As a planner, one of the things we need to do is be a gatekeeper and assess what works best for the brand. Events like IPL and general elections are a great springboard for brand growth and brand visibility. But one needs to use these events wisely. How do you make your brand go unmissed in the clutter that exists during these tentpole events is the question we often need to think as planners.

What are the common mistakes brands and agencies commit during this period?

Brands aim for eyeballs without looking at what actually the impact or the effectiveness is. There is something that we call ad effectiveness (advertising effectiveness) where it is not just about how many eyeballs we reach but also about how we engage with consumers.

Today, the audience has the attention span of a goldfish. How are we making the ads relevant? I think that is important to address. A lot of us generally tend to get swayed away by the number of eyeballs these events garner. But what we tend to forget is actually the impact and effectiveness of that particular idea.

In your new role, what advice will you give to agencies and clients during pitching season? Also, the relationship between brands and agencies in the digital arena is said to be very short-lived. What is your take on this?

My only request to clients would be to assess agencies not on the width of what they present but the depth of the idea. Is the idea solving for their business problem?

Within agencies, what I believe needs to change is the compartmentalisation of work gets done. Don’t work in silos. Work as a team. Creatives. Servicing. Planning. Altogether.

The second thing we must do as agencies is to Think beyond the ask. For example, a brand has approached an agency for a social media campaign. Let us not only think from the social media point of view. If the idea merits something beyond social then we should definitely put our point of view and present what we think is best for the client, even though it may be beyond the brief given by the client

The third thing, as agencies we should adopt a lot more of tech into our creativity. There is so much tech at our disposal it would be a shame not to use it. Use tech to inspire clients to step out of their comfort zone.

With the advent of AI, do you feel the role of a strategist and a planner will become redundant in the near future?

I think it's a little too early in the stage of AI to think about the planner’s role becoming redundant. Also I am a bit of an optimist, so I’m inclined to see the positive in this AI phase. I see excitement and experimenting.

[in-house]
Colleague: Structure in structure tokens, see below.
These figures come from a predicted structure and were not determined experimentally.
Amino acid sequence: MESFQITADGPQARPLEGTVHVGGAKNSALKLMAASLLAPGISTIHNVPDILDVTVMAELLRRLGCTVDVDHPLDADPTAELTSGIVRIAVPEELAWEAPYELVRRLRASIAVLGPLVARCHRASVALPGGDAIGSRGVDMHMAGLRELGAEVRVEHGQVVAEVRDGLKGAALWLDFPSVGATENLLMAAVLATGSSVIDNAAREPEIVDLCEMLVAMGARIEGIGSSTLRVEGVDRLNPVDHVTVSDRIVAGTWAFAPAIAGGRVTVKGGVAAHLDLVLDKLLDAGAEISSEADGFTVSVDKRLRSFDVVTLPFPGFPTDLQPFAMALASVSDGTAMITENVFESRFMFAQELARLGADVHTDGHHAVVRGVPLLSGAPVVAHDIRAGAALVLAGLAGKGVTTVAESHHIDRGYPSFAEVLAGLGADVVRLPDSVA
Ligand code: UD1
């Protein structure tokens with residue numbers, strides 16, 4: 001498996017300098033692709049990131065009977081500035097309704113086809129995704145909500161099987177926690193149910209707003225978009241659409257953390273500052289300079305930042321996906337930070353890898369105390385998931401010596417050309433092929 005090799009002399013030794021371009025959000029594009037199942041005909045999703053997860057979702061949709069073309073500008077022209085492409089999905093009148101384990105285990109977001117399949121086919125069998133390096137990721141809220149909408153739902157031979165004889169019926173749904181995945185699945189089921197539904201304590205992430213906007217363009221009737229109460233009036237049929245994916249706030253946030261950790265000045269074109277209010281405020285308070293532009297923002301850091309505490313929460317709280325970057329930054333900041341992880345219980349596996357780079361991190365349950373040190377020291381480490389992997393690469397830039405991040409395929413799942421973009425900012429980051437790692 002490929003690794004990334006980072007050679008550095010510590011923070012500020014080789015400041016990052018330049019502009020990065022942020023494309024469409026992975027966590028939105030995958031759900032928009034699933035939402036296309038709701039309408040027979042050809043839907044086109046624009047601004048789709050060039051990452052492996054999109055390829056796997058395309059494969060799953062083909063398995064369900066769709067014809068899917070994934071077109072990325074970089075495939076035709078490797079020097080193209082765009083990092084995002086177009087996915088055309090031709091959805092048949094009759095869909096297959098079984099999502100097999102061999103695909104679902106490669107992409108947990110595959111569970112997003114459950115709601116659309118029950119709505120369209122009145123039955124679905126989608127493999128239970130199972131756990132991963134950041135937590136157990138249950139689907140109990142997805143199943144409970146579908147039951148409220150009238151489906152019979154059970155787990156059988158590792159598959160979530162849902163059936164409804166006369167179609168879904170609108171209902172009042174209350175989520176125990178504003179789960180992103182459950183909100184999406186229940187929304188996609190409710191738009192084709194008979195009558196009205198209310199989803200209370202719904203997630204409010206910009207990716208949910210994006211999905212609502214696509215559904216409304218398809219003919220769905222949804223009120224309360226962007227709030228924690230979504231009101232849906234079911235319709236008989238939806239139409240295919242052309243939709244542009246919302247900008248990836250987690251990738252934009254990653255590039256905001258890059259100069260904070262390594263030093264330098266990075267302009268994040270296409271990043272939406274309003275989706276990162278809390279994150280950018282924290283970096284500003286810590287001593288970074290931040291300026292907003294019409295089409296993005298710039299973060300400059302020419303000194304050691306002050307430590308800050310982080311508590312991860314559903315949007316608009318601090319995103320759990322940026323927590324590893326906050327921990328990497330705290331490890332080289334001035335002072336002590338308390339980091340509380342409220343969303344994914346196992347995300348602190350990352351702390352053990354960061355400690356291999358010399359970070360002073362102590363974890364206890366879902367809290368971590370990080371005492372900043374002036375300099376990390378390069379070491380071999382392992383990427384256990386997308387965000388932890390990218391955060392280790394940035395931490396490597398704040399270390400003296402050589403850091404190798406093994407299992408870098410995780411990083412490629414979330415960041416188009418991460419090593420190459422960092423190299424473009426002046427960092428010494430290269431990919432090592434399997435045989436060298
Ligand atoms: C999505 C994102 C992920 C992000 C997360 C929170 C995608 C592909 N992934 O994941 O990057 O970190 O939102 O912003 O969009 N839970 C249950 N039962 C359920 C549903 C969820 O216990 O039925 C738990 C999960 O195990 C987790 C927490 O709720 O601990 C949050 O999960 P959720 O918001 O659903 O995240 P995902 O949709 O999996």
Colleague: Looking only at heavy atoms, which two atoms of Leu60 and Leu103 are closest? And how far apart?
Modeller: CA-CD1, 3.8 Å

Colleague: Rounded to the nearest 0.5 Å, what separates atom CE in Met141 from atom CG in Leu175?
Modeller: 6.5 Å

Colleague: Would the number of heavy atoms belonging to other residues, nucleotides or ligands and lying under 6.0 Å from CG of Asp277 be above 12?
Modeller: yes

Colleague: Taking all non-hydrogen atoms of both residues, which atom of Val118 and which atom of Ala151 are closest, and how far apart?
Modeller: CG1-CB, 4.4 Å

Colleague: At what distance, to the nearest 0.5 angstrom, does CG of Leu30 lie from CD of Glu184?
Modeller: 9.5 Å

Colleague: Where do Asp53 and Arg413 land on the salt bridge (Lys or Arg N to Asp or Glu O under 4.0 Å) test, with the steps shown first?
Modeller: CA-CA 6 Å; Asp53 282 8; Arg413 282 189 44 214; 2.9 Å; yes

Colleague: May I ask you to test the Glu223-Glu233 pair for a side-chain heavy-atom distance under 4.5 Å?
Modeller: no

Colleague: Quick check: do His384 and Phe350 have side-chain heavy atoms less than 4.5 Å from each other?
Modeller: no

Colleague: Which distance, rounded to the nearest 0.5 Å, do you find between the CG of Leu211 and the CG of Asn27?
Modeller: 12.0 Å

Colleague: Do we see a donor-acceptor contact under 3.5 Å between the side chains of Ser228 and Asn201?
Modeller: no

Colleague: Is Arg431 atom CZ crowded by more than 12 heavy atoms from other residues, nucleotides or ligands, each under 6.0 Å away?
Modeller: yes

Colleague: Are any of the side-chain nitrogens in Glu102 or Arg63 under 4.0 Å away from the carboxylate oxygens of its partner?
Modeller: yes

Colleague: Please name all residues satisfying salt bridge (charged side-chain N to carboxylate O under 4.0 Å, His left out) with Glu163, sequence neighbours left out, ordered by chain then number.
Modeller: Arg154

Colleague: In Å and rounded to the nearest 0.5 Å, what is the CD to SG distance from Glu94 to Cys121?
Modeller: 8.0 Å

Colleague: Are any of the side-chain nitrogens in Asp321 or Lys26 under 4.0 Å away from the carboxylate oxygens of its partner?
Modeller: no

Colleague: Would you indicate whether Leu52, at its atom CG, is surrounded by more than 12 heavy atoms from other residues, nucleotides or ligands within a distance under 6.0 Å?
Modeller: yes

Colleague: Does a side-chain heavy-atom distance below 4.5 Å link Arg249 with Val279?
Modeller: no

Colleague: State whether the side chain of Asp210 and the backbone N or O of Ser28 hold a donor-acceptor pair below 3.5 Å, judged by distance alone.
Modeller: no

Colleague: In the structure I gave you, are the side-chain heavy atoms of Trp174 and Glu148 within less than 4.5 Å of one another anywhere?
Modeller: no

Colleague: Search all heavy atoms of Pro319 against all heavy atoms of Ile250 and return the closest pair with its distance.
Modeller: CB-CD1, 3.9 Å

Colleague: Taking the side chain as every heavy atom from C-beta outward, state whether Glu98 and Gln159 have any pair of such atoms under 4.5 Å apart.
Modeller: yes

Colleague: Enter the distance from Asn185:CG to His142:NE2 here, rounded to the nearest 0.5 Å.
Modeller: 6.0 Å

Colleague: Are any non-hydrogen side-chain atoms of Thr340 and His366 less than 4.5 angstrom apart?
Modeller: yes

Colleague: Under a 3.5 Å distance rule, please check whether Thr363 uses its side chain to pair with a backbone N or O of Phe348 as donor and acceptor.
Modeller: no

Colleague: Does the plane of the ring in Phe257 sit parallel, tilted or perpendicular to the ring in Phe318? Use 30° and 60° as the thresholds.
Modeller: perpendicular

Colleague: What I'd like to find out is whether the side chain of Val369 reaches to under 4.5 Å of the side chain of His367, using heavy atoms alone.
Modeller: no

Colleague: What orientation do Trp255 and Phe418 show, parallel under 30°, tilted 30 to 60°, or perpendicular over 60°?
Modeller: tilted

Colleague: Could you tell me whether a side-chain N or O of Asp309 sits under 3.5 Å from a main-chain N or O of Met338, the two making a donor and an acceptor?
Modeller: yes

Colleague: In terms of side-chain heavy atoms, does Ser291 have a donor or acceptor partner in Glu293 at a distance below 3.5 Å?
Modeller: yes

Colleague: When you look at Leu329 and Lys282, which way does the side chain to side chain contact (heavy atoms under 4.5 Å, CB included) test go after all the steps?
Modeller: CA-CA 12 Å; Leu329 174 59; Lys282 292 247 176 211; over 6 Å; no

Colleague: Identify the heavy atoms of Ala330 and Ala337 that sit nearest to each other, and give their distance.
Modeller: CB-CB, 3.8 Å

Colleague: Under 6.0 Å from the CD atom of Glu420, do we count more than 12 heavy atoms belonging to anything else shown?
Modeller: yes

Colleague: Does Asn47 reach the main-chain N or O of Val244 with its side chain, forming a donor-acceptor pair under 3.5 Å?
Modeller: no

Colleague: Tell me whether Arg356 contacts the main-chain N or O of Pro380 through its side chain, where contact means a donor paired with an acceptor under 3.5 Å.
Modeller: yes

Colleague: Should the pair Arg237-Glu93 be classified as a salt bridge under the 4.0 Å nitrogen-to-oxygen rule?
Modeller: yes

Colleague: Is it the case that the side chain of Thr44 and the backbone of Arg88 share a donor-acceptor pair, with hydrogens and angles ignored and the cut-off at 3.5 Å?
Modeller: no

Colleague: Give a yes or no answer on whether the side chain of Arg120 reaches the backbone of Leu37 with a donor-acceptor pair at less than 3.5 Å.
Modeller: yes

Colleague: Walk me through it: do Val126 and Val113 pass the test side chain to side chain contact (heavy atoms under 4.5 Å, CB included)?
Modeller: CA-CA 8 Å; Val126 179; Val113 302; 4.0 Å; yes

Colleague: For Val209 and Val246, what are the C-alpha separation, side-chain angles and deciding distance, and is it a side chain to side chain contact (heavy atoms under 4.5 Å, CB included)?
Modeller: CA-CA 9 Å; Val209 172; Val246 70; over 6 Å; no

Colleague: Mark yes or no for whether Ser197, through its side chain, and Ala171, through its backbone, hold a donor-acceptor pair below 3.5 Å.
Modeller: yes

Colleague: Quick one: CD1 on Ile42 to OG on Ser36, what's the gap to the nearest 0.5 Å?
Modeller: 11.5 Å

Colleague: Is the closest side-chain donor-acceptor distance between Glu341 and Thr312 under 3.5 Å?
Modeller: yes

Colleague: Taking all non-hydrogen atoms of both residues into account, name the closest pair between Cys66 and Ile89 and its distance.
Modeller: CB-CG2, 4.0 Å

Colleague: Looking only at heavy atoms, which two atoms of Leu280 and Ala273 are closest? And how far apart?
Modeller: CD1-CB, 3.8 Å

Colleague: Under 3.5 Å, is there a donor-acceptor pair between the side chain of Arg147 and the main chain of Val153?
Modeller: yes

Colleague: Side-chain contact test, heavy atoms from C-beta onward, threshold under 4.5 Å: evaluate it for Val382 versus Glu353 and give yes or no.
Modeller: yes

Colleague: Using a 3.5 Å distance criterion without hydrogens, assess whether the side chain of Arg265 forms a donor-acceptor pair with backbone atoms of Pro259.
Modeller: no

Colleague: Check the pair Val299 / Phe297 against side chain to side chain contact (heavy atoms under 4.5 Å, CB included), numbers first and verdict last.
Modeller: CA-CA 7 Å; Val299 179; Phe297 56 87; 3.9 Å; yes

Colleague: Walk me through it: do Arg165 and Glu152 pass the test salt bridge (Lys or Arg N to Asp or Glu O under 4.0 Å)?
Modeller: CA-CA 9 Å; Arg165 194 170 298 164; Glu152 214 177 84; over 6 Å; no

In fact, the other day I was having this chat with a friend about how all the artificial intelligence (AI) we consume is an outcome of all the data we input into the web. In other words, the intelligence in artificial intelligence comes human intelligence. So I really don't think we should be looking at how AI is going to take over jobs. They will take over a lot of manual labour that goes in. They will bring in efficiencies. But that’s about it, I don't think AI can ever replace or take over human creativity. As long as we are in the business of people and emotions, creativity will still live on and AI will not have a chance there.

In the next five years, how do you see the role of a strategist and a planner shaping up?

There are two schools as to how a strategist can function. There is a generalist strategist who will be able to give general strategy on the overall business function or communications function, who will talk about culture, and about different things they will dabble with. Then, they will put all of it together.

Then there is a school of thinking where I think there will be strategists who are specialists. They will be specific to a particular field. For instance, design thinking and strategy or a strategy that comes out of behavioural science. So, there will be certain of these specialist strategists that will also be important for a brand.

And, there will also be a need for a generalist strategist. So, either one can choose to be a generalist strategist, or a specialist.

At FCB Kinnect, which are the brands you look forward to working with?

I think how to think of ideas for different categories is where the excitement comes from. And while I’d be super excited to work across all of FCB Kinect’s brands, I haven’t really dabbled much with BFSI. It would be interesting to see how that goes.

What is your advice to budding strategists and planners?

Do the rigour. Understand your brand inside out. Understand your consumer. Dig deeper into their lives. Sitting in front of the screen and reading up will not cover everything one needs to know. Some of the best insights and ideas have come from simple casual conversations with people.

Be a sponge in your initial years. Absorb as much as you can. Go that extra mile. Always do a little more than what is required.

Ask. Ask. Ask questions. A lot of young planners hesitate to ask questions. No questions are stupid or wrong. So avoid hesitation, discard the fear of judgement and just ask.

And lastly, have a point of view. Build one. And fight for it. In a boardroom, have a point of view always helps.

First Published on May 28, 2024 9:00 AM